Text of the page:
10 Daily Habits That Sabotage Your Health
Most of our resolutions always center on our self-improvement. We want to include good eating habits, quitting bad habits, getting more exercise and losing our weight in our list of achievements to make but often tend to forget the little daily things that have a negative impact on our health. But focusing on these habits and finding out a quick way to get out of them is often more important than just making a resolution list.
Here is a list of some daily habits that sabotage your health and why you need to get rid of them right now for a healthy living.
1. Brooding Over Stressful Events
Remembering and thinking repeatedly over past stressful events is one of the most common culprits when it comes to affecting our well-being. Whether it was five minutes ago or five years ago, thinking too much about a stressful event that has occurred in the past isn’t good for psychological health. A recent study found that ruminating will lead to depressive symptoms while decreasing this compulsive focusing on distress will help in alleviate the symptoms of depression. To better deal with this problem, take a note of the time that you spend brooding over the problem and commit yourself to use the same time and energy for more worthy causes like living in the moment or planning for future.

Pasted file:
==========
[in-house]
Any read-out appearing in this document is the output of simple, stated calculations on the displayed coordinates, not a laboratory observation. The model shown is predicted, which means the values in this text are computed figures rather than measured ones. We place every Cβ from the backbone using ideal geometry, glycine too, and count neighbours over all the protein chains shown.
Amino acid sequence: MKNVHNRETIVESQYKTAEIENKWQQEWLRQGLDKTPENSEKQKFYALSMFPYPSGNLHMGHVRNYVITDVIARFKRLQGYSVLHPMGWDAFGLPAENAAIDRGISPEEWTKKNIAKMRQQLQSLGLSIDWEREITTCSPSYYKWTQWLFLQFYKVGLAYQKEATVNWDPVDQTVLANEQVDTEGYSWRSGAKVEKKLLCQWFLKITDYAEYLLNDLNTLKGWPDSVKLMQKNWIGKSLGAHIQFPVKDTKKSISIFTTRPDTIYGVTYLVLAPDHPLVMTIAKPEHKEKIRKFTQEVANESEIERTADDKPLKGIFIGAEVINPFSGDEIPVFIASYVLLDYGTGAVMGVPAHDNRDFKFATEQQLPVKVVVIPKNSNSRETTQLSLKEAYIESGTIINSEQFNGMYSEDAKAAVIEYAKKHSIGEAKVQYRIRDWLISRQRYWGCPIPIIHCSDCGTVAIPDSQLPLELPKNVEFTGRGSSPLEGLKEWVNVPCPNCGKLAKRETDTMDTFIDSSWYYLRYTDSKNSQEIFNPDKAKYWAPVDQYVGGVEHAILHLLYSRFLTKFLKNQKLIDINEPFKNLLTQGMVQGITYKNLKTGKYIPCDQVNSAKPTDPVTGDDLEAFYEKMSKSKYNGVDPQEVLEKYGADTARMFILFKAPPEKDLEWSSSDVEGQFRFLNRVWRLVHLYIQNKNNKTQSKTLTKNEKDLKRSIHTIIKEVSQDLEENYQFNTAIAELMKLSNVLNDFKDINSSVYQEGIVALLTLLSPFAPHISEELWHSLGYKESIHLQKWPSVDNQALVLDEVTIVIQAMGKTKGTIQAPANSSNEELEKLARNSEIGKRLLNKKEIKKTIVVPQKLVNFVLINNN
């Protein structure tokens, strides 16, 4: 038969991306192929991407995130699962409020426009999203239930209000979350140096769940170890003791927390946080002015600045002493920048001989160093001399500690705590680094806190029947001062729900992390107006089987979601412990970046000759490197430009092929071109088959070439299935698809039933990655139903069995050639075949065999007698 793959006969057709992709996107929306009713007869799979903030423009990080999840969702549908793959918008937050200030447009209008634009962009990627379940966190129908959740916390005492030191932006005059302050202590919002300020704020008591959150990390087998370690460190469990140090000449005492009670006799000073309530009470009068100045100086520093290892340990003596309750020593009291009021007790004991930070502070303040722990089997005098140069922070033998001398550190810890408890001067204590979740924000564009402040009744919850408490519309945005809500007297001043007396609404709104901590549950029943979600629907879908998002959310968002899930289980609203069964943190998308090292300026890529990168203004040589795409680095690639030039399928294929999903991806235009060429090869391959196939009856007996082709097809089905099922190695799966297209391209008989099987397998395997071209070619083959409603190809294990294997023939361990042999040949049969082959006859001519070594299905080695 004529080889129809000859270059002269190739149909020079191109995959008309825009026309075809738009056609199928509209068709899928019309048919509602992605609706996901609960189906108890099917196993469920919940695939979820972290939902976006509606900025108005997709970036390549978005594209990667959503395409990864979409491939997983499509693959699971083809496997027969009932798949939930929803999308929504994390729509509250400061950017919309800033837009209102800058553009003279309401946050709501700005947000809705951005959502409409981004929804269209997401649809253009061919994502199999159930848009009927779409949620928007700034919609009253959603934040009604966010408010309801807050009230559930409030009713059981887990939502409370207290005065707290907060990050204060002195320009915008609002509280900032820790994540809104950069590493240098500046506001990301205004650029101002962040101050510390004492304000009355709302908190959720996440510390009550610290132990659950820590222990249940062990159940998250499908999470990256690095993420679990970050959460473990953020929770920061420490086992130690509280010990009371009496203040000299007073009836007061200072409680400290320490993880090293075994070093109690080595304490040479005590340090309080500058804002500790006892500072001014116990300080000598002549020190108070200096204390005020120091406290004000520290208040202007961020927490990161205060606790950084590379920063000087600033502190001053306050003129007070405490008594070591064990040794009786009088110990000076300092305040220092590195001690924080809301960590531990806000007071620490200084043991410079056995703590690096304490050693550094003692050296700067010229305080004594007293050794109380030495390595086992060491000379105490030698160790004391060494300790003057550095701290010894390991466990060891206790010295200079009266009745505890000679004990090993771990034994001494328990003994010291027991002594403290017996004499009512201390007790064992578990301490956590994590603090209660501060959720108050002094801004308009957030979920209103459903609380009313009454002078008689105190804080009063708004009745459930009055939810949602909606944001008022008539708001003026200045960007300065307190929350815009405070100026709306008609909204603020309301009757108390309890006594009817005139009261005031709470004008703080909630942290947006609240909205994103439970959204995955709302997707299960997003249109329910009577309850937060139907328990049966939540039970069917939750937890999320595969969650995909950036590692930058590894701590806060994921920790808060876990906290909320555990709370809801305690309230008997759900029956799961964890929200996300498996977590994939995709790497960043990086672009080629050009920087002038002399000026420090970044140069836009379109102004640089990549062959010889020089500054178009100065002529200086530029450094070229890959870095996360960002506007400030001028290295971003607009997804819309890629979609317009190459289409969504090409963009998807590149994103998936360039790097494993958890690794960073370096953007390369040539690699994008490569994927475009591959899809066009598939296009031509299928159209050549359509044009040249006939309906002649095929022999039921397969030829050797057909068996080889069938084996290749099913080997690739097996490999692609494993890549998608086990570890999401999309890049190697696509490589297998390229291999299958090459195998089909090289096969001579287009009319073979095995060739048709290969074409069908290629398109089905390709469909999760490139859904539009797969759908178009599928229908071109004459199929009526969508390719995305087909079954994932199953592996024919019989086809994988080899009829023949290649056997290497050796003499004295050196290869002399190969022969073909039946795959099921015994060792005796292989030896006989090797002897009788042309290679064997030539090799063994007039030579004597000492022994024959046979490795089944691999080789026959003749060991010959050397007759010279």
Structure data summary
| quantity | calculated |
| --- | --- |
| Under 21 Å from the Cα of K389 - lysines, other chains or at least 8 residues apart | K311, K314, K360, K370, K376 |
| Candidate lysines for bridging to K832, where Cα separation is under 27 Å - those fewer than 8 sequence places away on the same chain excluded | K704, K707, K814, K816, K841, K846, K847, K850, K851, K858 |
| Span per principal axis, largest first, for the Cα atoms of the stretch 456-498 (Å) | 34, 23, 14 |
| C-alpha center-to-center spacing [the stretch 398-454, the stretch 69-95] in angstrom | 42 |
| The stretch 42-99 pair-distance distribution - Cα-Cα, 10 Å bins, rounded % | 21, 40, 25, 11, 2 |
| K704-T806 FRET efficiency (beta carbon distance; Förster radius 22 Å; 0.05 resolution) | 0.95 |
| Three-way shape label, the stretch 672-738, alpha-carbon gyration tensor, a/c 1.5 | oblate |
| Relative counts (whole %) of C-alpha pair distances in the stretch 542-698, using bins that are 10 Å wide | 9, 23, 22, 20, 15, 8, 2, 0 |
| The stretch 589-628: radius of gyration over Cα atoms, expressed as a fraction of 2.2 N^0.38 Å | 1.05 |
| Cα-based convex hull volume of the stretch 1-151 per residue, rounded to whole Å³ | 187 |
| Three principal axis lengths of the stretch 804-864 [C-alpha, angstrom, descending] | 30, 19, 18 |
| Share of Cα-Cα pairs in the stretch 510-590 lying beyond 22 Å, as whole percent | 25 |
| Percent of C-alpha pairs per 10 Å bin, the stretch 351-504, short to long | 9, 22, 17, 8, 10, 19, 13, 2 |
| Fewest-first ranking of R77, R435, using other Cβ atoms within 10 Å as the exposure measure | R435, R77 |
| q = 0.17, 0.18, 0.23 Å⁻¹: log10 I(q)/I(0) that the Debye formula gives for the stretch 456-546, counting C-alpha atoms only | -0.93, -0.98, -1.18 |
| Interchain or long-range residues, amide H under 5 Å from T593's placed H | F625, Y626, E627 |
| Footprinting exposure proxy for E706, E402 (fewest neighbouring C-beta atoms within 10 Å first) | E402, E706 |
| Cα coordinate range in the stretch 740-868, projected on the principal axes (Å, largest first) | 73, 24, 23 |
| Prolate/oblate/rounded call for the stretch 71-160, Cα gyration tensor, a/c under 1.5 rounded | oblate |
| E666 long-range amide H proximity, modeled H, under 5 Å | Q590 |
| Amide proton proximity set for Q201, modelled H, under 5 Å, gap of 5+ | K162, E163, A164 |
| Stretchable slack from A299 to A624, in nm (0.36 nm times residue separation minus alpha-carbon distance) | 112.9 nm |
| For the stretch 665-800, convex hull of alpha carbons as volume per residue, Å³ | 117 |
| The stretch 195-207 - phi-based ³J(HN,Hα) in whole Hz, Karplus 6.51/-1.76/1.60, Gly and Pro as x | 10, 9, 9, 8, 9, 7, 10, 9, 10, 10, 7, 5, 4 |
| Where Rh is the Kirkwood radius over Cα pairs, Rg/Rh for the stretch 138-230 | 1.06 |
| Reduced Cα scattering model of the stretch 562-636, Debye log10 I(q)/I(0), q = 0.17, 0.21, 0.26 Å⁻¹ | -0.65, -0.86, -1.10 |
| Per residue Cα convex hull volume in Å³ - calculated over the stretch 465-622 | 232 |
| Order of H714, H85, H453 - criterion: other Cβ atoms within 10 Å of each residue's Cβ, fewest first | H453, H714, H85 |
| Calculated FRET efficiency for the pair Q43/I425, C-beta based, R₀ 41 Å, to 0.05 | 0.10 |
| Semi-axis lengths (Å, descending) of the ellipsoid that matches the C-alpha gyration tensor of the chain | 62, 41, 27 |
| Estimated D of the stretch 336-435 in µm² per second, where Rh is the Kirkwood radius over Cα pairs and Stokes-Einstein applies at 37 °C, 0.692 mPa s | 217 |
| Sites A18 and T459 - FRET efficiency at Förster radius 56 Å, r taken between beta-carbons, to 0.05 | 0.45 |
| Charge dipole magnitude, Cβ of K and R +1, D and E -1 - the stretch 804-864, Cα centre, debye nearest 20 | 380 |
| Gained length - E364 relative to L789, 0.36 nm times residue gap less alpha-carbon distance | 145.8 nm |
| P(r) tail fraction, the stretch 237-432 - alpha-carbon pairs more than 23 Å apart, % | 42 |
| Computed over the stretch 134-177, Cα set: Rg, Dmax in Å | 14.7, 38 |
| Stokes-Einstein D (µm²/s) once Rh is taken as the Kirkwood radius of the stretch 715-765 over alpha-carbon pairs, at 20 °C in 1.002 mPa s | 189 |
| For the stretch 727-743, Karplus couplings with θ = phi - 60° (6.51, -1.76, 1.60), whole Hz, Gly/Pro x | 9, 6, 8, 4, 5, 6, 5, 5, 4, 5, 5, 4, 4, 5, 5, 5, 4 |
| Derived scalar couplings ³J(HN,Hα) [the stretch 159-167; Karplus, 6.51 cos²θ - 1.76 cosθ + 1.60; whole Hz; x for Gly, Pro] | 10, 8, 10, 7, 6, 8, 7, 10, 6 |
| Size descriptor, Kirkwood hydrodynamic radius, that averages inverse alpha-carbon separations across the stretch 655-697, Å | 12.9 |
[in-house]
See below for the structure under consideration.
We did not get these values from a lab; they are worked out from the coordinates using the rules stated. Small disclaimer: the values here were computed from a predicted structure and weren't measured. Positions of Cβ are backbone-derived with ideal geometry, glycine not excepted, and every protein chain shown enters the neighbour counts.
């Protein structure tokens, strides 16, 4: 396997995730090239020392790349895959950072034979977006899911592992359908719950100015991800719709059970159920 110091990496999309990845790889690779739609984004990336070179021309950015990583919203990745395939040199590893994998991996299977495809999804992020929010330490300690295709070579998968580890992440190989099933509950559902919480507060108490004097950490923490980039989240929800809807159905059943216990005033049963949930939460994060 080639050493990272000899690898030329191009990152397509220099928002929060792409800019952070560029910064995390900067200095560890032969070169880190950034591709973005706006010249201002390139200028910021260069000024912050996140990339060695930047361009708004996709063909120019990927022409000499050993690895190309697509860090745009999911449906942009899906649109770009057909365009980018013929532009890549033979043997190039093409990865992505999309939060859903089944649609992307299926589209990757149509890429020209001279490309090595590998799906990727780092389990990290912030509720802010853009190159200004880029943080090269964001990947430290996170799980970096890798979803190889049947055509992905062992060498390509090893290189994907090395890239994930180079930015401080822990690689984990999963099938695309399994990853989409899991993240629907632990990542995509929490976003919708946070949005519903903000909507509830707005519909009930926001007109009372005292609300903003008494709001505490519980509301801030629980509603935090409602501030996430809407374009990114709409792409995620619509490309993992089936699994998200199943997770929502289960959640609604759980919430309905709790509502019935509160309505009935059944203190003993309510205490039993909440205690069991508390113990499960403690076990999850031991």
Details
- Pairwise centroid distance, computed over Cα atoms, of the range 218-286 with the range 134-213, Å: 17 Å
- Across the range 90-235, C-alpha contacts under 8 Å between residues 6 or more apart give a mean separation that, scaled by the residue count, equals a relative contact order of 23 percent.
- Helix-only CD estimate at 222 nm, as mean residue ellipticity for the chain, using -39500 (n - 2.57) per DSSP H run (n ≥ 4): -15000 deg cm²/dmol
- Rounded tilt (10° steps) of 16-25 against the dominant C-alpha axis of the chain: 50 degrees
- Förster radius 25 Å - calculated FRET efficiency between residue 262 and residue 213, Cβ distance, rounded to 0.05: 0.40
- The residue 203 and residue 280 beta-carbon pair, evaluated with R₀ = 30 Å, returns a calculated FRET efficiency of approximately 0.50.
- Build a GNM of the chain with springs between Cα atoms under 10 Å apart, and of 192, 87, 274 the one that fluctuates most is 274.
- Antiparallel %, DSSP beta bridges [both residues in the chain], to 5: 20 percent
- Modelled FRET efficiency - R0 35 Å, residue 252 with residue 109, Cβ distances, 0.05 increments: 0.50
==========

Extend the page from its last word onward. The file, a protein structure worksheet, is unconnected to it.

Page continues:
2. Complaining to Your Friends
We’ve until now thought that calling our friends to vent out our anger and share our feelings about the bad day that happened will help us in reducing the stress. On the contrary, recent research suggests that co-ruminating (ruminating along with our peers) again leads to depression. Studies conducted on children and women show that rehashing our problems with peers will lead to depression in children while women were showing an increased release of stress hormones while talking to their friends about their problems.
Self-criticism can be a life-long habit that can impact our health negatively. As you pass the mirror, you find that something’s not right with the face or haircut and when you make some mistake inadvertently, you end up calling yourself a stupid. But putting yourself down every time you make a mistake is not good for your mental health. Harsh self-criticism will again lead to depression. On the other hand, studies indicate that self-compassion helps in improving resilience and increasing psychological health.
4. Spending Too Much Time On Social Media
Whether you are scrolling through your Facebook account or looking at Instagram, spending too much time on social media is bad for your health. Social media gives you a feeling of isolation – which is again bad for both mental and physical well-being. We always place emphasis on our lives comparing to that of our friends’ and maybe sometimes even conclude that we’re not measuring up to their lives. This will again lead to depression and even decreases our mood. The best way to get rid of this bad habit is to prefer person-to-person conversations instead of interacting through social media.
5. Staying Up Late